Login
Password

Forgot your password?

Tips and tricks to design your home like a professional

By Edited Mar 14, 2016 0 0

As a professional interior designer I often get asked why the average home does not look like the homes shown in the shelter magazines.  Well I can tell you a few areas where the average home is missing some basic principles of design that can make all the difference and it's not all in the amount of money spent.  Use these following tips to improve the style of your home:

Lighting

Most homes are not built with enough lighting.  It can be an expensive addition but does not have to be.  Try adding lighting in discreet areas, not just lamps.  Although lamps should be included in your lighting plan.  Rope lighting is great for placing inside crown molding to make ceilings look higher or on top of taller furniture like bookcases.  Another great options is spot lights behind plants or other decorative objects to add drama.  Lighting can be used to create a focal point or to help guide the eye around the room to the areas with the most interest.  If you have a smaller room that you want to look bigger, try washing the walls with light.  You can do this by either installing small can lights in the ceiling around the perimeter of the room or wall sconces. 

Repetition

Another great element of design is repetition.  This is a rather simple idea but much harder to actually execute.  Start with an inspiration piece to pull your color scheme from, artwork or fabric is always a great place to begin.  Preferably something with at least two or three distinct colors in it not including neutrals like black, brown and white.  Then you take either that piece or a good quality picture of that piece with you to select the other elements.  Be careful not to go too crazy with the color or become too concerned about the colors being exact matches to the inspiration piece, especially if they are going to be across the room from each other.  A good rule of thumb is to repeat the colors at least two or three times in the room in different areas.  This means not only in a different space in the room but also at a different height and within a different element, such as the floral on the coffee table and the lamp shade on the floor lamp in the corner could both be red.  This gives the eye something to keep it moving around the room and throughout the space.  If you are a novice at design you may want to keep your larger, more expensive items like sofas, table sets, etc., more neutral and bring in your colors with the easier to replace and less expensive accents like pillows, artwork, accessories, etc.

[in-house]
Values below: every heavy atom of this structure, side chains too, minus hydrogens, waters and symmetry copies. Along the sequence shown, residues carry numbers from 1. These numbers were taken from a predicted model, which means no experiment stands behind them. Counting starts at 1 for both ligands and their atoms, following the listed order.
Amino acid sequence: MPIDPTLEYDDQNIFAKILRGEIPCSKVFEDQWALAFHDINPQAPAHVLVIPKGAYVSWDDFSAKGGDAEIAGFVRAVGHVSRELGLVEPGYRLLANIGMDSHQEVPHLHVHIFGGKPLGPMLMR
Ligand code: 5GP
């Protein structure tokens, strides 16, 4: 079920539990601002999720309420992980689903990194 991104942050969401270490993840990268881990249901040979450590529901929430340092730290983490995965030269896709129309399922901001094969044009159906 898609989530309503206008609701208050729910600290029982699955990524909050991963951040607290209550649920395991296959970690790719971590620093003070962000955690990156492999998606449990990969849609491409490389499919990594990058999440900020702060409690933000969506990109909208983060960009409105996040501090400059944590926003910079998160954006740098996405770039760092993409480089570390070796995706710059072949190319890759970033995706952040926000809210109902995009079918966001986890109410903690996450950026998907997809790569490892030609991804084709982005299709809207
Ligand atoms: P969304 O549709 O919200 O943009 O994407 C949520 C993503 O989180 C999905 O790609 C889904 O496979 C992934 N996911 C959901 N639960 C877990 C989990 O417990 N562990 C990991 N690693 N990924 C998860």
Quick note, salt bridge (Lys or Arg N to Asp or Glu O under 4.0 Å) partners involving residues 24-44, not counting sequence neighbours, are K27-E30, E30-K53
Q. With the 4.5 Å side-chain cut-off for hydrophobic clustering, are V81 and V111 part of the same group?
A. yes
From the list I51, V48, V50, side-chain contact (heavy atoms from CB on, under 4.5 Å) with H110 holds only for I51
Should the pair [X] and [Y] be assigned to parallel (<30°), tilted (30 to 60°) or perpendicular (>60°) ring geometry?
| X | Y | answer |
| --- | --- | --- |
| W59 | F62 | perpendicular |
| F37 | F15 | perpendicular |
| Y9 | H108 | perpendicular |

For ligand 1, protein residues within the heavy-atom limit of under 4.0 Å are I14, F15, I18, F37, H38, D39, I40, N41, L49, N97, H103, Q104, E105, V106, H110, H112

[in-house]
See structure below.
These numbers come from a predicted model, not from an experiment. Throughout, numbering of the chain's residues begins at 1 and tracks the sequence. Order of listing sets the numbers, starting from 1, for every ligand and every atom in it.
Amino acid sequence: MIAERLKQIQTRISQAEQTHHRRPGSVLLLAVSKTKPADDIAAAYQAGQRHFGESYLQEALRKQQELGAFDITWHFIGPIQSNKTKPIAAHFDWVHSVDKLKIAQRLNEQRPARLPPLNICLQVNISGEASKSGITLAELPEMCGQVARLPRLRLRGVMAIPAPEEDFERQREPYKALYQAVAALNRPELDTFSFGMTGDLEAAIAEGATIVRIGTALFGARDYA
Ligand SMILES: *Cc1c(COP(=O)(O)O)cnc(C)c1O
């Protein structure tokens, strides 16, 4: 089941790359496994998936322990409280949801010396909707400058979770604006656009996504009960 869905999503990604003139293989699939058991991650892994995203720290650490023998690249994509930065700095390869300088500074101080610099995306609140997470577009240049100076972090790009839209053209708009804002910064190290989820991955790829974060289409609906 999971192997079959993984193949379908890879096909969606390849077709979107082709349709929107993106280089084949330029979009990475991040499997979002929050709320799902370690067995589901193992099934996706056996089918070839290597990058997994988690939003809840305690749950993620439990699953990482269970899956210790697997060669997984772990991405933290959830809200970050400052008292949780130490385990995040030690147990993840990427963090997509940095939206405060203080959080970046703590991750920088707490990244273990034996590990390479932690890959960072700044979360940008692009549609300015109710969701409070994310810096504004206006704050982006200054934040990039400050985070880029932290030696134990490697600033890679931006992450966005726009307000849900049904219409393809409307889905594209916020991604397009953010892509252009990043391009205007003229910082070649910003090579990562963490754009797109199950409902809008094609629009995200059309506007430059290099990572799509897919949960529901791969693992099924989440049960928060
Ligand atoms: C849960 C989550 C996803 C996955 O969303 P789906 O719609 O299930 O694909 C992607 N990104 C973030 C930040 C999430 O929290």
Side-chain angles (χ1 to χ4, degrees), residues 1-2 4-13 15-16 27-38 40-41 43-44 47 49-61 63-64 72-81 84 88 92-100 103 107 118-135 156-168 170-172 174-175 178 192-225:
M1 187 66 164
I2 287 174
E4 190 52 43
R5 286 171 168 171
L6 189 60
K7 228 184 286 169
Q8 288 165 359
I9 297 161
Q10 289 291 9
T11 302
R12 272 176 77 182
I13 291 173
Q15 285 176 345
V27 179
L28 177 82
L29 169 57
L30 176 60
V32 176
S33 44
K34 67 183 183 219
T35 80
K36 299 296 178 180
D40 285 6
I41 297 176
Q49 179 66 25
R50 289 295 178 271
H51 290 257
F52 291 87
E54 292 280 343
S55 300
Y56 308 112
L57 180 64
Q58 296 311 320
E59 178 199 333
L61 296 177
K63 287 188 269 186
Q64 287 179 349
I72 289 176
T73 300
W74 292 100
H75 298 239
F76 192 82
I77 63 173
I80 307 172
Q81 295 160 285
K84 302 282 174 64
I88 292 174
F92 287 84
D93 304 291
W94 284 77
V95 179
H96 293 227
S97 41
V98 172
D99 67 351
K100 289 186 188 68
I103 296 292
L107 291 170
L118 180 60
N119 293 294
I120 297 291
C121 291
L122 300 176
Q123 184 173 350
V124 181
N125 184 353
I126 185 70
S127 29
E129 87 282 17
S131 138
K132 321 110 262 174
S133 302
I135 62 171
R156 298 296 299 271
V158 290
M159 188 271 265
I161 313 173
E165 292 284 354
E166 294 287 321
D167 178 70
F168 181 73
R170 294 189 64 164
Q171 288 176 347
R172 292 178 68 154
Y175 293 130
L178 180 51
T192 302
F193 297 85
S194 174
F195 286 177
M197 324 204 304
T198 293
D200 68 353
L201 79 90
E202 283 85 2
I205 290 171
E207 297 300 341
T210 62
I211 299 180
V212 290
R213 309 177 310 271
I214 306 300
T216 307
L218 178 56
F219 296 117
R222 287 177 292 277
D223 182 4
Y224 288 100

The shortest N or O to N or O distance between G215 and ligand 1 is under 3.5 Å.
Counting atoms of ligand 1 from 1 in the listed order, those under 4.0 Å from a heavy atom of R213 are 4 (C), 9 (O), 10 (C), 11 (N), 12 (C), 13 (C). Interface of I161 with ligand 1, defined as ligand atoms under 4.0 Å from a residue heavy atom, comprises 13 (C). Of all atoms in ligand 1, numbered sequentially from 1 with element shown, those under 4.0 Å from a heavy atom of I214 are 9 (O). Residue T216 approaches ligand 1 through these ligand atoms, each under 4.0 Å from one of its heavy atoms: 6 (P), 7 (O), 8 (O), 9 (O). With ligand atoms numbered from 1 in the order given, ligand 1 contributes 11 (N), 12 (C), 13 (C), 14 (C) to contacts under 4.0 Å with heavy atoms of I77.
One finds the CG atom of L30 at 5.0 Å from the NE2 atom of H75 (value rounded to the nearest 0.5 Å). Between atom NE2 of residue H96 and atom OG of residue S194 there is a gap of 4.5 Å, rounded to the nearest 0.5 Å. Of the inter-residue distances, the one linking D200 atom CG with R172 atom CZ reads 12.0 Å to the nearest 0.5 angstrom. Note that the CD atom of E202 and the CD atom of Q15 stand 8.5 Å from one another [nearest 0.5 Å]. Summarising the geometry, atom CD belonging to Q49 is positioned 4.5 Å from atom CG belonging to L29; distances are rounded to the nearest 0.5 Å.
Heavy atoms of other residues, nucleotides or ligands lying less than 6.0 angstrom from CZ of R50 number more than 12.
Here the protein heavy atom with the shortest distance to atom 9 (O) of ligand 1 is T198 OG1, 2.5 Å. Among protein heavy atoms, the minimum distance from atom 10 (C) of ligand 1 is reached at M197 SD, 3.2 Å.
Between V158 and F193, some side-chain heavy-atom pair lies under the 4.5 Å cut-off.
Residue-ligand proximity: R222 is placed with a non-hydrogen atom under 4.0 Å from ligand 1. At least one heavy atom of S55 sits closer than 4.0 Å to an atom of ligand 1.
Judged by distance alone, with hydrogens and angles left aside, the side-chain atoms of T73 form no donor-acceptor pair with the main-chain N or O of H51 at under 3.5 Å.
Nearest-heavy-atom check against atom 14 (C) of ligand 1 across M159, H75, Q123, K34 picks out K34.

If you have a hard time with color you can always do a monochromatic color scheme with neutrals.  A monochromatic color scheme is when you use only one color and just very the shades, tones and textures of that color to create interest.  So for example, you can use a neutral like a latte brown and your other colors could be cream and chocolate-brown.  In a scheme with only one color your variation to create visual interest has to be texture and pattern.  So instead of repeating each color at least twice in the room you do this with the textures. They do not have to be exactly the same just similar.  For example, a leather sofa and a lacquer accent table, they are both smooth shiny surfaces.

Scale

The size of the furniture in a room should be proportionate to the size of the room for the most part.  Once you have some experience playing with this concept you can start to bend the rules a bit but only in moderation.  People often do not use their furniture as an element to accentuate the best features of their space.  If you have a two-story fireplace, try flanking it with two high back chairs to draw the eye up.  Also be careful not to over-crowd the room or use oversized furniture if the room is not large enough to handle it.  As a rule of thumb, the pieces in the room should only take up between 50-70% of the total floor space.  Which means if you pushed all of your furniture together like tetris pieces it should only take up between half and three-quarters of the room. 

Another area where scale plays a big part is in accessorizing.  People are often scared of larger scale accessories even when they have large rooms so they use many little ones instead.  This can be a huge mistake.  It is far better to invest in a few larger pieces than to have too many little ones.  Too many small accessories can make a space feel cluttered and the homes in the magazines are never cluttered.  Most designers will tell you that they will often only use two or three accessories on coffee or end tables including the lamps.  If you have a collection of something you would like to display, designate it a special area like a display cabinet or on one larger table instead of putting a few randomly throughout the room.  If you put them in groupings near each other it will showcase them.  This also works with family or travel photos. 

 

Example of good lighting
Credit: Courtesy of Invitinghome.com
Advertisement

Comments

Add a new comment - No HTML
You must be logged in and verified to post a comment. Please log in or sign up to comment.

Explore InfoBarrel

Auto Business & Money Entertainment Environment Health History Home & Garden InfoBarrel University Lifestyle Sports Technology Travel & Places
© Copyright 2008 - 2016 by Hinzie Media Inc. Terms of Service Privacy Policy XML Sitemap

Follow IB Home & Garden